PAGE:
To impose upon
Impose Im*pose", v. i. To practice tricks or deception. [1913 Webster]

{To impose on} or {To impose upon}, (a) to pass or put a trick on; to delude; to cheat; to defraud. ``He imposes on himself, and mistakes words for things.'' --Locke. (b) to place an unwelcome burden or obligation on (another person); as, she imposed on her friend to drive her daughter to school. (c) to take unfair advantage of (a person, a friendship); as, he imposed on his friendship with The Mayor to gain business. [1913 Webster +PJC]


The Collaborative International Dictionary of English. 2000.

Look at other dictionaries:

  • To put upon — Put Put, v. t. [imp. & p. p. {Put}; p. pr. & vb. n. {Putting}.] [AS. potian to thrust: cf. Dan. putte to put, to put into, Fries. putje; perh. akin to W. pwtio to butt, poke, thrust; cf. also Gael. put to push, thrust, and E. potter, v. i.] 1. To …   The Collaborative International Dictionary of English

  • To impose on — Impose Im*pose , v. i. To practice tricks or deception. [1913 Webster] {To impose on} or {To impose upon}, (a) to pass or put a trick on; to delude; to cheat; to defraud. He imposes on himself, and mistakes words for things. Locke. (b) to place… …   The Collaborative International Dictionary of English

  • a description given to the outright ownership of land that did not impose upon its owner the performance of feudal duties. — a description given to the outright ownership of land that did not impose upon its owner the performance of feudal duties. A writing or signature made by one person for another. Dictionary from West s Encyclopedia of American Law. 2005 …   Law dictionary

  • Impose — Im*pose , v. i. To practice tricks or deception. [1913 Webster] {To impose on} or {To impose upon}, (a) to pass or put a trick on; to delude; to cheat; to defraud. He imposes on himself, and mistakes words for things. Locke. (b) to place an… …   The Collaborative International Dictionary of English

  • impose — verb a) to establish or apply by authority Congress imposed new tariffs. b) to be an inconvenience I dont wish to impose upon you …   Wiktionary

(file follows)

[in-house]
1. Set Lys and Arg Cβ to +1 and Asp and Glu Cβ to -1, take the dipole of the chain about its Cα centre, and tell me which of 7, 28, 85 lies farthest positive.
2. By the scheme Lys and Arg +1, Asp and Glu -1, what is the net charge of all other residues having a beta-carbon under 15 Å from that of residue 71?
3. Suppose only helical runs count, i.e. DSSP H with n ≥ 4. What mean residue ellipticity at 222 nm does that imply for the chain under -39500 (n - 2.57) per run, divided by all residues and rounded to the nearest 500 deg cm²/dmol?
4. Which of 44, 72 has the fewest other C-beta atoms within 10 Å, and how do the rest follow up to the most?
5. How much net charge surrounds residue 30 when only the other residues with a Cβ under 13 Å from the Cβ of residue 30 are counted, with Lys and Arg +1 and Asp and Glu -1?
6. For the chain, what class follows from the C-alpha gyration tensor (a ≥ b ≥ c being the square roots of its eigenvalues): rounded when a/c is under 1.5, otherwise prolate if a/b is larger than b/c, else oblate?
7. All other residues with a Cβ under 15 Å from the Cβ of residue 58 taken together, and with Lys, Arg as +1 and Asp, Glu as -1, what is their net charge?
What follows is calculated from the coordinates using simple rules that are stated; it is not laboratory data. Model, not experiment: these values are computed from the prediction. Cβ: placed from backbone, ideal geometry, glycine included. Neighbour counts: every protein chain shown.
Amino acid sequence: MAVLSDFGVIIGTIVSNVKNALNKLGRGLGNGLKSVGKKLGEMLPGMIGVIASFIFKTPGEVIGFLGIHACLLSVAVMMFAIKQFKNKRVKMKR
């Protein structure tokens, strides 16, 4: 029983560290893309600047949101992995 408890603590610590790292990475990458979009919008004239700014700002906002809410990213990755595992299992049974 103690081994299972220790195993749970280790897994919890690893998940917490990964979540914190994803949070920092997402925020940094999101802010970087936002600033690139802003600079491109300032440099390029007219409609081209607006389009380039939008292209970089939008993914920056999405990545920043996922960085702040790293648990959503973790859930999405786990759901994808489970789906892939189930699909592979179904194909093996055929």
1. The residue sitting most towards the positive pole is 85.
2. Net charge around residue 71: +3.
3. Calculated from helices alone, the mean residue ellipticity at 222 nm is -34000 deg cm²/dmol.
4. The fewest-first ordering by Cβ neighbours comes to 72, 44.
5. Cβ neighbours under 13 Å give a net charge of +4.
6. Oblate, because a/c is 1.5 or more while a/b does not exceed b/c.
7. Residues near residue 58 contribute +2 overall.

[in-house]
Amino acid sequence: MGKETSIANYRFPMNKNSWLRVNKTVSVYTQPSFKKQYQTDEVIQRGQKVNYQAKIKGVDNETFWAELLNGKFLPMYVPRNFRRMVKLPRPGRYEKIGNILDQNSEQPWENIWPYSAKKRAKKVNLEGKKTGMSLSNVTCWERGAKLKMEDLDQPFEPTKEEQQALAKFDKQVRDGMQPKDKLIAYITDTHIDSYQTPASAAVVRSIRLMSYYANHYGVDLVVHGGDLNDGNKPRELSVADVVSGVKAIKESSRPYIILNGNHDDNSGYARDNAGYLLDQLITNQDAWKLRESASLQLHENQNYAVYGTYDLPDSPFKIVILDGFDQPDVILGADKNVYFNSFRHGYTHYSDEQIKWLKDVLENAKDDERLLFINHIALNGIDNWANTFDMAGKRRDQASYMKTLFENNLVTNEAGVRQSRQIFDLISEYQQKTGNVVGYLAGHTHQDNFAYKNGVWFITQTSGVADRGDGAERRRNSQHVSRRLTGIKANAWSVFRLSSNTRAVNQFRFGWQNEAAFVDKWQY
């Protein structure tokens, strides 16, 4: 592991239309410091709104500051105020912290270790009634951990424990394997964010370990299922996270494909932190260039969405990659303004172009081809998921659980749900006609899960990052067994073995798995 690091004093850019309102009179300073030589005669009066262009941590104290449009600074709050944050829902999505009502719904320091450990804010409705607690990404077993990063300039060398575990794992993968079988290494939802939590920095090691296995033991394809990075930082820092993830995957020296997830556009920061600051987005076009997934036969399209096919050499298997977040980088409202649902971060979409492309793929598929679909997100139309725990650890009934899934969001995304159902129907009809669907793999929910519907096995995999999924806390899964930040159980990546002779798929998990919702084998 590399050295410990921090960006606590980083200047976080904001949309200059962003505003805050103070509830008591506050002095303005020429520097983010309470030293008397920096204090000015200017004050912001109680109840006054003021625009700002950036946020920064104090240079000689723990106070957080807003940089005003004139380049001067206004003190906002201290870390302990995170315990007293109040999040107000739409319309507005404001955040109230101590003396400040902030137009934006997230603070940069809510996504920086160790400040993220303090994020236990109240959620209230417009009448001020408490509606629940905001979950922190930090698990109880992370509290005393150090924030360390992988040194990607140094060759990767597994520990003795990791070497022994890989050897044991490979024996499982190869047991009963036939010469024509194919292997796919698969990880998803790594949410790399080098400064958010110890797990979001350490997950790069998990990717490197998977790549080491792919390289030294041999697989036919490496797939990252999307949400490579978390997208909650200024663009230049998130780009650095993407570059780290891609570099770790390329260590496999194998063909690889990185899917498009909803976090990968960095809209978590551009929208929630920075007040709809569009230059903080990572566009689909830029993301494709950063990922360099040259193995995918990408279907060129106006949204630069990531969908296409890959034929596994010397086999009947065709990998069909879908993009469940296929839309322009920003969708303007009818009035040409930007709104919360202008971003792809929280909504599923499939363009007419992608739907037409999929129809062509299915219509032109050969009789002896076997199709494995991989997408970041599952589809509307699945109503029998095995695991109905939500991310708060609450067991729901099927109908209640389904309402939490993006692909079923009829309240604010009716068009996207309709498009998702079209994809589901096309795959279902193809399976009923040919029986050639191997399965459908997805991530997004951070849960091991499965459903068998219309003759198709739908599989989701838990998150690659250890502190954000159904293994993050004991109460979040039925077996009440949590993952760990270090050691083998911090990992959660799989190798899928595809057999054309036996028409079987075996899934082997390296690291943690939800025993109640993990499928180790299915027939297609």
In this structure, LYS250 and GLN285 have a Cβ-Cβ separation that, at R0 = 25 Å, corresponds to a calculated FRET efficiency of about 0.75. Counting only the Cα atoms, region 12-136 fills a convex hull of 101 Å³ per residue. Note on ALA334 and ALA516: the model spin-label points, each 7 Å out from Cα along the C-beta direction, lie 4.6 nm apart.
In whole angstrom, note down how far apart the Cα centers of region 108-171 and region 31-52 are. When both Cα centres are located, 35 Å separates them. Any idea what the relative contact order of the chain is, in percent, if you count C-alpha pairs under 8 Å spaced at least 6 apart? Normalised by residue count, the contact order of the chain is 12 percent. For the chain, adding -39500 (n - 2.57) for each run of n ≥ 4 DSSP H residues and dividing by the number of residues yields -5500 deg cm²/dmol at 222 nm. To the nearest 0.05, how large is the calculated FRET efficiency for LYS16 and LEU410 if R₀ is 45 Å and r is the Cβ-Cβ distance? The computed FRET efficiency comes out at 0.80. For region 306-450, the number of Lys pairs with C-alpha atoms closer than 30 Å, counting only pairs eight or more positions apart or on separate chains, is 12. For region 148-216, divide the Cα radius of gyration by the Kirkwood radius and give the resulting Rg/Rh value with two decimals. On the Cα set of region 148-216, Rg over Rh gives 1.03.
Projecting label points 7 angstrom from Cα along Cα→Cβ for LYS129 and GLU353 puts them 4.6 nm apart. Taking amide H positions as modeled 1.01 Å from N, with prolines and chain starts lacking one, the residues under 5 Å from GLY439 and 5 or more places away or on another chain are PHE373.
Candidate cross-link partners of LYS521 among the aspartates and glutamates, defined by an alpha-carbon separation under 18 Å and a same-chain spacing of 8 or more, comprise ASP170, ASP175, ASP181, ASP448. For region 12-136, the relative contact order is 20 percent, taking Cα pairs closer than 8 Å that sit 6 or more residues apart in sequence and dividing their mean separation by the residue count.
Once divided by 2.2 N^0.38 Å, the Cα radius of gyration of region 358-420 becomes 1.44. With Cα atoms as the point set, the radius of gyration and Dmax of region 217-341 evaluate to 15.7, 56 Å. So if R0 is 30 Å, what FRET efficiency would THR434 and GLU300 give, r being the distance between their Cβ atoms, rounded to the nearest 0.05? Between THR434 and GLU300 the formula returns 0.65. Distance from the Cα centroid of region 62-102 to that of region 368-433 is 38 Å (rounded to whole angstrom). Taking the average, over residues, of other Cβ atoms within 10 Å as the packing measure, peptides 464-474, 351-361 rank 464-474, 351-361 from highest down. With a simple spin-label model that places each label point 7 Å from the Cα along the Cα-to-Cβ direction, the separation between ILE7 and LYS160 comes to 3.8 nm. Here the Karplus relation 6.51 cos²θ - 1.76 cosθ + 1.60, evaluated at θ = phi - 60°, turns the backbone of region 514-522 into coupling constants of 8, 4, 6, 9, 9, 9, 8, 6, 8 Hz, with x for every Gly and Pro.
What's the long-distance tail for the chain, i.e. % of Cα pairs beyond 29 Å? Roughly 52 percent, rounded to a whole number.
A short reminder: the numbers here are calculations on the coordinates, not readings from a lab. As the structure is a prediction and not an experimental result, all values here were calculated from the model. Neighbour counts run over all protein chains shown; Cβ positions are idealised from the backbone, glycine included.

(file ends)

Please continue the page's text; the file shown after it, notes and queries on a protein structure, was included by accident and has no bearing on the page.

• To stick out — Stick Stick, v. t. [imp. & p. p. {Stuck}(Obs. {Sticked}); p. pr. & vb. n. {Sticking}.] [OE. stikien, v.t. & i., combined with steken, whence E. stuck), AS. stician, v.t. & i., and (assumed) stecan, v.t.; akin to OFries. steka, OS. stekan, OHG.… …   The Collaborative International Dictionary of English

  • To sell — Sell Sell (s[e^]l), v. t. [imp. & p. p. {Sold} (s[=o]ld); p. pr. & vb. n. {Selling}.] [OE. sellen, sillen, AS. sellan, syllan, to give, to deliver; akin to OS. sellian, OFries. sella, OHG. sellen, Icel. selja to hand over, to sell, Sw. s[ a]lja… …   The Collaborative International Dictionary of English

  • To sell one's life dearly — Sell Sell (s[e^]l), v. t. [imp. & p. p. {Sold} (s[=o]ld); p. pr. & vb. n. {Selling}.] [OE. sellen, sillen, AS. sellan, syllan, to give, to deliver; akin to OS. sellian, OFries. sella, OHG. sellen, Icel. selja to hand over, to sell, Sw. s[ a]lja… …   The Collaborative International Dictionary of English

  • To blear the eye of — Blear Blear, v. t. [imp. & p. p. {Bleared}; p. pr. & vb. n. {Blearing}.] [OE. bleren; cf. Dan. plire to blink, Sw. plira to twinkle, wink, LG. plieren; perh. from the same root as E. blink. See {Blink}, and cf. {Blur}.] To make somewhat sore or… …   The Collaborative International Dictionary of English

  • To fool away — Fool Fool, v. t. 1. To infatuate; to make foolish. Shak. [1913 Webster] For, fooled with hope, men favor the deceit. Dryden. [1913 Webster] 2. To use as a fool; to deceive in a shameful or mortifying manner; to impose upon; to cheat by inspiring… …   The Collaborative International Dictionary of English

Share the article and excerpts

Direct link
Do a right-click on the link above
and select “Copy Link”